Agents of S.H.I.E.L.D. 3.18: “The Singularity” Review

NOTE: Full spoilers for this episode of “Agents of S.H.I.E.L.D.” are present in this review



Agents of S.H.I.E.L.D. considerably raised the stakes this week in, “The Singularity”, though that’s to be expected, given that the team has to recover from the shocking betrayal of Daisy, now infected and controlled by Hive, at the end of last week’s episode. As the base struggles to regroup and re-fortify itself, Coulson immediately gets to work on preparing ways to bring Daisy back into the fold, with Lincoln also determined to do whatever it takes to bring her back.

Another focus this week however was on Fitz and Simmons, who have finally decided to begin pursuing their romantic attachment to one another. It’s good timing as well, since Coulson sends them on a mission together, to make contact with a transhumanist doctor that’s been developing ways to make animals resistant to parasites. Since Coulson believes that the doctor can develop a way for Inhumans to resist Hive, the race is on to get to the guy before Hive and Daisy do.

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This episode did a great job of balancing the two major storylines that were at play this week, while also delving into a strong subplot involving Daisy sinking into the influence of Hive, as he begins to put together his own Inhuman task force. Daisy’s interactions with Hive were effectively unsettling, especially as she sees that the memories of Grant Ward still live in on Hive’s host body. Hive even refers to Daisy as, “Skye” before she corrects him, recounting the story of how she came to accept her birth name after the conclusion of Season Two.

The way that the show is playing toward Daisy’s constant longing for a family works well, especially when it comes out that Hive is not like any other parasite in the known world, instead strengthening its Inhuman hosts by drawing out their positive, strong feelings, and flooding their brains’ pleasure centers so that they become agreeable to everything Hive thinks and feels. Despite that though, Daisy’s actual need for a new family is spotlighted well, since she feels that Hive is finally giving her the family that Coulson and Jiaying never could. It makes you wonder; How much is Hive actually controlling Daisy, when it seems like Daisy is all too willing to go along with the cause of the villains via her own volition?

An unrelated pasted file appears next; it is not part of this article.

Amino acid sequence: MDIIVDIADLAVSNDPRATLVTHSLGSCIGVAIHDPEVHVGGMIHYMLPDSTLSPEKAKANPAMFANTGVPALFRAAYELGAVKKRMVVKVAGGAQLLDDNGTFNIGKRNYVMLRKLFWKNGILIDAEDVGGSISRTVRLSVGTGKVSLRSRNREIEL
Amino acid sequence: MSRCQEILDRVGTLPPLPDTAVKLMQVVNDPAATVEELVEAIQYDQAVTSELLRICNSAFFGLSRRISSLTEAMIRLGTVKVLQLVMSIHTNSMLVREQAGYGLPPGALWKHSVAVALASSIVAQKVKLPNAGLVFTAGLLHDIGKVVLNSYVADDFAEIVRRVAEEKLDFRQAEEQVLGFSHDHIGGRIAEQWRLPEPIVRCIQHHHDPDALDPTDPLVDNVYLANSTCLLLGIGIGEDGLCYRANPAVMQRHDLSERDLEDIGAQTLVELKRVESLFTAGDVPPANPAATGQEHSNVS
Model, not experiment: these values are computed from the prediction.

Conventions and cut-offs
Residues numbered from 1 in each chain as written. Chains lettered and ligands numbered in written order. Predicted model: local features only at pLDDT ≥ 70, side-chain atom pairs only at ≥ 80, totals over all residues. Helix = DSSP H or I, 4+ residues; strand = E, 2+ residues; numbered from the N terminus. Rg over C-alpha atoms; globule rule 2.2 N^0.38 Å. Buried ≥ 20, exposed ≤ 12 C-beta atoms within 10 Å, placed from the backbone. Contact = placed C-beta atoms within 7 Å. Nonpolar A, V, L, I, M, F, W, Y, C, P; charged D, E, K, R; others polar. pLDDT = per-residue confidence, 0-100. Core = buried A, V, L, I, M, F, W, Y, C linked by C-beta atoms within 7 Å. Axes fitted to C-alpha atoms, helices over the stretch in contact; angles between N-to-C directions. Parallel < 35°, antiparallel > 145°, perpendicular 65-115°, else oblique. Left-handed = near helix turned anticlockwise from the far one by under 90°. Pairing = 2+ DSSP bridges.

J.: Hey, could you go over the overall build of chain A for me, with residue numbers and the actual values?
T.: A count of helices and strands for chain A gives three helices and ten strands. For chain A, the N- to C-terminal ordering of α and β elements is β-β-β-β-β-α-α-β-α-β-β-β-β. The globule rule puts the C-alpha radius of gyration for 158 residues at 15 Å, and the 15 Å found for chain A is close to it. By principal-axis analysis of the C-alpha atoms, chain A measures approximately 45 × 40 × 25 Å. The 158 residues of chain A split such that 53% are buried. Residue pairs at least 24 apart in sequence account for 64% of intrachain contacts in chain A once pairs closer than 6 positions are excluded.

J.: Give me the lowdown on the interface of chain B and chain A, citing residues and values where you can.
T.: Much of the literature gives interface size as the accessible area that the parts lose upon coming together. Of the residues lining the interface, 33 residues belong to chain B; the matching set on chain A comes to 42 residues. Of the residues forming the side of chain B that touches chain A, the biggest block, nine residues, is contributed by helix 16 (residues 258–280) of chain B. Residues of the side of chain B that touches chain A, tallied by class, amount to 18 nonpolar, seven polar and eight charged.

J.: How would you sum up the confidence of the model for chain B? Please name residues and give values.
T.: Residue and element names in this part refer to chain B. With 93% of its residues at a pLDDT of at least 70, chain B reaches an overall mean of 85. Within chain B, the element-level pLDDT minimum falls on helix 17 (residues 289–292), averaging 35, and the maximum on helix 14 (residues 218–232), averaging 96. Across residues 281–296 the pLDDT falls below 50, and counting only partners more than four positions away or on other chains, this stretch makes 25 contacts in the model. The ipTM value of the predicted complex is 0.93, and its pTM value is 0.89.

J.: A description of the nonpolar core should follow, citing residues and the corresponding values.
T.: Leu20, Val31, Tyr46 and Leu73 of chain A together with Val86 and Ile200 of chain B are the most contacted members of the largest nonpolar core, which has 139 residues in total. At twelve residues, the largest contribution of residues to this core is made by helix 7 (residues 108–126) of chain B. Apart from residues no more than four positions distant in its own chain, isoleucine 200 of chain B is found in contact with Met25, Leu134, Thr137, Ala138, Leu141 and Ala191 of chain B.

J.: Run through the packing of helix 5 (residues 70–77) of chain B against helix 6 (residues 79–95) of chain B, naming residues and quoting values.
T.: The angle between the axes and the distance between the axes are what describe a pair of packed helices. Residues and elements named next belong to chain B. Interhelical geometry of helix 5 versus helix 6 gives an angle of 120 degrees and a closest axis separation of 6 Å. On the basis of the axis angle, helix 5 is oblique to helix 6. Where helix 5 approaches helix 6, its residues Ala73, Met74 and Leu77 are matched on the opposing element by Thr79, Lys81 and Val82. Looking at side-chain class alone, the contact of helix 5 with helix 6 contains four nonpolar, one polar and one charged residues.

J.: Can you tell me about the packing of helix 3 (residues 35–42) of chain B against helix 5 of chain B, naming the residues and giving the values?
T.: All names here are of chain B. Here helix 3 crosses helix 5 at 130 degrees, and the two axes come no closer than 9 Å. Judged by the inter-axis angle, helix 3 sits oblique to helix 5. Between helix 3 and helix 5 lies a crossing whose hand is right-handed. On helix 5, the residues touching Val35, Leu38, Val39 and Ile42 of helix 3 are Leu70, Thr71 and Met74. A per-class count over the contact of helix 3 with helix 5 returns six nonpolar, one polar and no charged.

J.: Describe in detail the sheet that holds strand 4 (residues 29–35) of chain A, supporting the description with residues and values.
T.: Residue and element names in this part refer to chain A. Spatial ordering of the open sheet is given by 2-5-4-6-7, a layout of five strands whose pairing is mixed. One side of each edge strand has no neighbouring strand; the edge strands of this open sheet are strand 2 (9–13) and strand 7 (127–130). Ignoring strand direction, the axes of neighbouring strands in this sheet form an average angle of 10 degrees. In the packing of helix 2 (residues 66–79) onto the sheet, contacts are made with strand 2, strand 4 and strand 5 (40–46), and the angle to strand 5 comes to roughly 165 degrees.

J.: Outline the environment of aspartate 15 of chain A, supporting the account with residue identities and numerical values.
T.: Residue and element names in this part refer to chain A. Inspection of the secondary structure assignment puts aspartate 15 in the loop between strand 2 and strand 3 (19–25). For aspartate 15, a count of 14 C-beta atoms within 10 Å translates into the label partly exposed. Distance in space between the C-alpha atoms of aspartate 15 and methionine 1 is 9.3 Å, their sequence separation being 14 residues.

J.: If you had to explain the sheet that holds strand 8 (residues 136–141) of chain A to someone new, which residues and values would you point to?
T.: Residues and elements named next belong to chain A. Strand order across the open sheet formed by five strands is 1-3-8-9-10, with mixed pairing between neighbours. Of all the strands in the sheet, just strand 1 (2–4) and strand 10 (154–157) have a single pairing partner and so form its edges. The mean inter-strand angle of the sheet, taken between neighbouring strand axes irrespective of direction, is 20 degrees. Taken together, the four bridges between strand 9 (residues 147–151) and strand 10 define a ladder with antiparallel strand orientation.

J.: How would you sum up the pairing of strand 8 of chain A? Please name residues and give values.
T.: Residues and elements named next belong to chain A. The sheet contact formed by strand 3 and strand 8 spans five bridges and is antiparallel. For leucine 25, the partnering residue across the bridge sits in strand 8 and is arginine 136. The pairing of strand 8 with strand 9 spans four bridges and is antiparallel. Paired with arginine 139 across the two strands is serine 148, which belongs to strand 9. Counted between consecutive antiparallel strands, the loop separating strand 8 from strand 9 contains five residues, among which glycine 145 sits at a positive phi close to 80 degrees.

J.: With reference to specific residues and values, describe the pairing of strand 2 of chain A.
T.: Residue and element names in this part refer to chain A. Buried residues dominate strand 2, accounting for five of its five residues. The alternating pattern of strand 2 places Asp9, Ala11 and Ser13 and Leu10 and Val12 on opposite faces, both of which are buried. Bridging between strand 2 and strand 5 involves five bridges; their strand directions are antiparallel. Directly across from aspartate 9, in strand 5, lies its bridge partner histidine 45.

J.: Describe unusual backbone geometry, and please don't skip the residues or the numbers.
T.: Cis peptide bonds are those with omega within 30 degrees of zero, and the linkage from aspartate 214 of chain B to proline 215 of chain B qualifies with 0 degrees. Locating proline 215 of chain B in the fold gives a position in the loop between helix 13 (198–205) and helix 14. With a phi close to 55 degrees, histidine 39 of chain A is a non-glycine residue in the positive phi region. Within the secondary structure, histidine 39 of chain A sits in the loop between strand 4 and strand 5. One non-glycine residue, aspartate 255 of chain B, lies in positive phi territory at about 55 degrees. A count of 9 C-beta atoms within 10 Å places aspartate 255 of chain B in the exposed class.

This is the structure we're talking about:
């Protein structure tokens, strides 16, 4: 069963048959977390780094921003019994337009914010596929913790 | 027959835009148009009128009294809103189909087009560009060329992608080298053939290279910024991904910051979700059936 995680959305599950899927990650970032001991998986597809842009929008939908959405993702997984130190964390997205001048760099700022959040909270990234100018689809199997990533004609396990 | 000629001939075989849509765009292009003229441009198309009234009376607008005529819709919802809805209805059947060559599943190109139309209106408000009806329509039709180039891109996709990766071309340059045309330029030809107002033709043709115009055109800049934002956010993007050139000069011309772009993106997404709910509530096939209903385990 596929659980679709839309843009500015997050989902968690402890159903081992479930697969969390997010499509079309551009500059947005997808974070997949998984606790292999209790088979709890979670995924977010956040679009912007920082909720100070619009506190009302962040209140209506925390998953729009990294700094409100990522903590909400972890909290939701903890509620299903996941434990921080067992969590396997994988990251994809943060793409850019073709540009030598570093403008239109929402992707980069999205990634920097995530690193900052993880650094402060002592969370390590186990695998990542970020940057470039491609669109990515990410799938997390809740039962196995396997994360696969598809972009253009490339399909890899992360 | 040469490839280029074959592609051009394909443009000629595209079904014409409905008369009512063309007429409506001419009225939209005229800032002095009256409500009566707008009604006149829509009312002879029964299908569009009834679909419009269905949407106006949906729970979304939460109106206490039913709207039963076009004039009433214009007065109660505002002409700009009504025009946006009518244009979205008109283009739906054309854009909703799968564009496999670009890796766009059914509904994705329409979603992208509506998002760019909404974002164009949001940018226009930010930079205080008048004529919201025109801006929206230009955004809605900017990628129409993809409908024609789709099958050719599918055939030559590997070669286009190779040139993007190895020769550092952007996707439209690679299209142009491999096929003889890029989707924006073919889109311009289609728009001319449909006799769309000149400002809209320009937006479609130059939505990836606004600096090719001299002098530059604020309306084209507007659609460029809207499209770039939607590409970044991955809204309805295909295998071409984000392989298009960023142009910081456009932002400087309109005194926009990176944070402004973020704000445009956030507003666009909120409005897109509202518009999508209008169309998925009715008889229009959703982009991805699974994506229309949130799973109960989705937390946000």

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Meanwhile, with Fitz and Simmons, who are overseen from a hotel room by Mack, the two enter the secret party of the doctor they’re looking for, and pretend that their comms are broken to discuss their growing relationship further. They don’t get to do so for long however, as they’re soon led to an operating room, where the doctor they seek is agreeing to meet with them, if they can install the prosthetic eyes that Fitz made to lure the guy out within a live patient. After steeling her resolve, Simmons prepares for surgery, but soon sees something wrong with the patient’s eye, and stabs it with a needle, making the doctor reveal himself as the false patient. Apparently, this was a test of loyalty, and Simmons was tipped off when she noticed that the eye had avian muscles.

This is around the time that James crashes the party above. Remember James, the dick potential Inhuman that gave the Kree doodad to Lincoln and Daisy recently? Well, Daisy and Hive pay him a visit, since Hive knows that the artifact is incomplete, and after some blabbing, Daisy shatters a Terrigen Crystal around James, transforming him into an Inhuman that can heat up and detonate anything he touches, vaguely similarly to well-known X-Men personality, Gambit, only with heat substituted for raw kinetic energy. James was quite a lot of fun in this episode, especially in his search for an Inhuman code name, as he scares the other party attendees away, and even has a pretty entertaining scuffle with Mack, who attempts to run in to rescue Fitz and Simmons when things go sideways.